My wife and I went to the beach for a half day yesterday, and on the one hand it was a beautiful time, while on another front it was a sad thing for me.
As we walked the beach on this crystal-clear afternoon, we both were remembering times with our children in decades past. I was reaching back even further in my mind to the 1970s when I was a teenager who enjoyed the beach before so many things that now fill up the time for most people there now. She and I recalled watching our children play in the sand, build sandcastles, or sit in a lounger in the shade and read a book (an actual book with pages). I recalled being a boy and seeing a dozen or more Sunfish sailboats up and down the beach, near to shore, and their larger coastal cruising sailing yacht cousins 5-10 miles out making their passage between island inlets. On most any sunny day with wind, the Belleair Beach sailboat activity was ever present, and on lighter sea days, early in the mornings it was often we would see water skiers plowing up and down the beach.
As a boy, I remember walking up and down the beach with clumps of old cottages separated by many empty lots; these covered with Australian pines and packed full of sandspur grasses beneath. Kites being flown was also common back then, and small planes pulling banner ads up and down the beach were fun to watch. Before the freezes of the late 70s, wild parakeets flew the island in flocks, and few people had portable radios to drown out the noise of those birds. Most houses didn’t have central A/C and instead had functional windows with screens.
Yesterday was a day for my wife and me to compare our memories against the present and feel some lament for so many things lost. Teenagers walking the beach now have earphones in and are looking down at their phones as they saunter past (deaf to the hiss of the waves and oblivious to the cries of seagulls). A few motorboats are making way, bashing their noisy paths through the small chop of waves, but no sails, little or big, are out there. Two wave runners are growling away out there doing a dirt bike on the water dance, but there are no water skiers. Every now and again as we walk, we pass some young adults gathered around portable umbrellas, lounging in folding chairs while staring at their phones. Blessedly most of their “music” is via earbuds, but sometimes one party or other of them may be playing something on a portable speaker; I can’t call it music, but they probably would. Every old vacant lot has been built upon, with houses more and more alike; square lines and well-trimmed landscaping with the pines and the parakeets all but forgotten. The oddity of seeing a pool at a beach house is more and more common.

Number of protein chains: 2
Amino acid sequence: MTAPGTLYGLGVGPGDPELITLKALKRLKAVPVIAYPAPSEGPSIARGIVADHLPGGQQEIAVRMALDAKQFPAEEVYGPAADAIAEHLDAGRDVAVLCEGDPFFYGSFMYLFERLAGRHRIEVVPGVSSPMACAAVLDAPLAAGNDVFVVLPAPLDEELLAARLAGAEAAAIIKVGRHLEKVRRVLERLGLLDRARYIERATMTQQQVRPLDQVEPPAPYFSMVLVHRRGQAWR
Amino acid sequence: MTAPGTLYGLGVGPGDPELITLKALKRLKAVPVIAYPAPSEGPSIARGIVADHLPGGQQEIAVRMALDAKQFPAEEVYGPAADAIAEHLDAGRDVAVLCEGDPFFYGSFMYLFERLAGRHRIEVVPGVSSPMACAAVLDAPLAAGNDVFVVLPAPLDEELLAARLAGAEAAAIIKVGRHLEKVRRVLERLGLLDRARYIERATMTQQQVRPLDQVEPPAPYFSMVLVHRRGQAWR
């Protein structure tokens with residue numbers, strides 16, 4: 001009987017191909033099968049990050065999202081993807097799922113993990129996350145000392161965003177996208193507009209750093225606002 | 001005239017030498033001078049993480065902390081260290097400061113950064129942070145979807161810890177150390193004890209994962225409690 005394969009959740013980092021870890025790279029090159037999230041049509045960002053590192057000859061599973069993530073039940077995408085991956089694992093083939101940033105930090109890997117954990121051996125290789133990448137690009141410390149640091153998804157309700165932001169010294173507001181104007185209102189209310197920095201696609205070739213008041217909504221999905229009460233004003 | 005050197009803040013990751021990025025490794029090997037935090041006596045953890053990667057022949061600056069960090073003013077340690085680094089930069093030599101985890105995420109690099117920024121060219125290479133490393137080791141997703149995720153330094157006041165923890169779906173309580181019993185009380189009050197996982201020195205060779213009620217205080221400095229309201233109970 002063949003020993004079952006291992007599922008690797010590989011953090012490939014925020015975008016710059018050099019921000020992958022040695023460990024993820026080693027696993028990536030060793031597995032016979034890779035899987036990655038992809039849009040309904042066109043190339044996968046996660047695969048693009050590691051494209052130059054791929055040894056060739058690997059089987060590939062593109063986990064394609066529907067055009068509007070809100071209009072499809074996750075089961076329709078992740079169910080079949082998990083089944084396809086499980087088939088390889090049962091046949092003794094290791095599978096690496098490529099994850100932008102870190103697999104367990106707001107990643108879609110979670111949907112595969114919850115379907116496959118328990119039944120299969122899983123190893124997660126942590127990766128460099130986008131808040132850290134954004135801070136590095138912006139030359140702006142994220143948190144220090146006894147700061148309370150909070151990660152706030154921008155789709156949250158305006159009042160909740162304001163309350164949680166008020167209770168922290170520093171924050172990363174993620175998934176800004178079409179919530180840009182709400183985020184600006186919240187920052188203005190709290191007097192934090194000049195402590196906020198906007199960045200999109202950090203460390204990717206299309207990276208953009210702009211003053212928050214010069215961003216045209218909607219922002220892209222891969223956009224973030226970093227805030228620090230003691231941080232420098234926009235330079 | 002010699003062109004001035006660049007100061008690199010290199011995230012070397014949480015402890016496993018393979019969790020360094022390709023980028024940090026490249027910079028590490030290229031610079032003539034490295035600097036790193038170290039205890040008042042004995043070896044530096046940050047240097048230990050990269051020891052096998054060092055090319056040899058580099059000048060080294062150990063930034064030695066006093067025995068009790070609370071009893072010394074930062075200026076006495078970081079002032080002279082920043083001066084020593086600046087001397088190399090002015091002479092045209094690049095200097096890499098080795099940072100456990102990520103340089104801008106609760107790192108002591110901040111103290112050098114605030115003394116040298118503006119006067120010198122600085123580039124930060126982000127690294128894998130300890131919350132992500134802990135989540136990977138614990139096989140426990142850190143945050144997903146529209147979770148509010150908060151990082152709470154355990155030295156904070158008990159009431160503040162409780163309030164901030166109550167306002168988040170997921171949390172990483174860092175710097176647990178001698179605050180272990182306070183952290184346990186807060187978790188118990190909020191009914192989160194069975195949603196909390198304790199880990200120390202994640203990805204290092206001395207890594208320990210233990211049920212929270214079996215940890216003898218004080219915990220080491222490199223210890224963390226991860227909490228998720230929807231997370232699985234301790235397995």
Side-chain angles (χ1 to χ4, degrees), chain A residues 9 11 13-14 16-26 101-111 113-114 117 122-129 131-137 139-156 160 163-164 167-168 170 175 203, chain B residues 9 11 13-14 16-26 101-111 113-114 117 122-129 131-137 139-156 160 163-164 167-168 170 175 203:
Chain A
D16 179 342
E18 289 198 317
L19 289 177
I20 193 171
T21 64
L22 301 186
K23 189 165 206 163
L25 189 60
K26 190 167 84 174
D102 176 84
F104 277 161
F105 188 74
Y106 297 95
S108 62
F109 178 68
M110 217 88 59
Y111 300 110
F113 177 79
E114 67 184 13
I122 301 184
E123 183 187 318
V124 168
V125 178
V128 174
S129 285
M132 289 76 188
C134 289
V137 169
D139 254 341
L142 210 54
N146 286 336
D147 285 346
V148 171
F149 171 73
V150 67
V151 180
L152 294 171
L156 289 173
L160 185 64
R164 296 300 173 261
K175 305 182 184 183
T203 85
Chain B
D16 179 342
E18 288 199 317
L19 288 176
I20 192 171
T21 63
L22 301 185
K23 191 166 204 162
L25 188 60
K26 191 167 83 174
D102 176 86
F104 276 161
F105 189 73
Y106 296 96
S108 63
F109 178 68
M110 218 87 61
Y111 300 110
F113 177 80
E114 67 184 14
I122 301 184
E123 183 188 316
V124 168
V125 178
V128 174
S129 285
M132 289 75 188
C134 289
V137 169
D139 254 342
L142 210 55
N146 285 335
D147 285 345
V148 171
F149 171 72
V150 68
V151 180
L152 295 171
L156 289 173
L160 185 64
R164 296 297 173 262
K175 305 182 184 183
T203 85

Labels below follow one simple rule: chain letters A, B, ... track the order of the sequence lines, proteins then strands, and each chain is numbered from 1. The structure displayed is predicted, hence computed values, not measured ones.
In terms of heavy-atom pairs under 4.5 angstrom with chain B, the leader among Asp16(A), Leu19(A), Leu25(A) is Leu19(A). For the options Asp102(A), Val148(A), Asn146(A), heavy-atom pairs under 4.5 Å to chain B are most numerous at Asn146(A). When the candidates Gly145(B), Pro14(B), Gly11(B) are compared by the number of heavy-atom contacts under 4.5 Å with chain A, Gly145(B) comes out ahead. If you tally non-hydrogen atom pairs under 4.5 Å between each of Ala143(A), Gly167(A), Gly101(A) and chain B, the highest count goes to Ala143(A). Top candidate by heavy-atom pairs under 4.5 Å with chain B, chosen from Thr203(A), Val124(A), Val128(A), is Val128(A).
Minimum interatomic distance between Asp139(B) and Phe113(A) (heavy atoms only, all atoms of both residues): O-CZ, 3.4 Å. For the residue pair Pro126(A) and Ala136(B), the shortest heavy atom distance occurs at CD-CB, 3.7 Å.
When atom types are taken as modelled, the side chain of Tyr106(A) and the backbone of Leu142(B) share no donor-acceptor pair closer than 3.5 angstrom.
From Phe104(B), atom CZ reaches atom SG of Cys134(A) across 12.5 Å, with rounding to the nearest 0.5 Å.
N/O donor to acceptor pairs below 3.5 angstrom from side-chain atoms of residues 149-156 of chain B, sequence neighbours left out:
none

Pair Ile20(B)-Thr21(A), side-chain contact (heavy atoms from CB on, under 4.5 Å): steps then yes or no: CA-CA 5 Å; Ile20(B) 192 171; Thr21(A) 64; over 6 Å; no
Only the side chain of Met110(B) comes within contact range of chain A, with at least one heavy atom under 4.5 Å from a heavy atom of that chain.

I don’t mean to lament getting old or draw attention to this man’s version of a description of a generation gap. I try not to judge young people’s obliterating a rare beauty, nor do I forget how the generations before me would likely have begrudged my watching TV at the beach on rainy days, and the “crap” I listened to on AM radio when I was a kid. But there is a sad passing of the gavel kind of feeling for me and my wife as we walk the beach now. For us it is still stunning and worthwhile when we can get there. Yet there is a sadness in it as well.
I try not to worry too much about what it will all be like in another 20 years. I tell myself, there is enough here right now to fret over so let tomorrow’s drama find its way in its own proper time. But I do sometimes miss the beach I remember from my youth.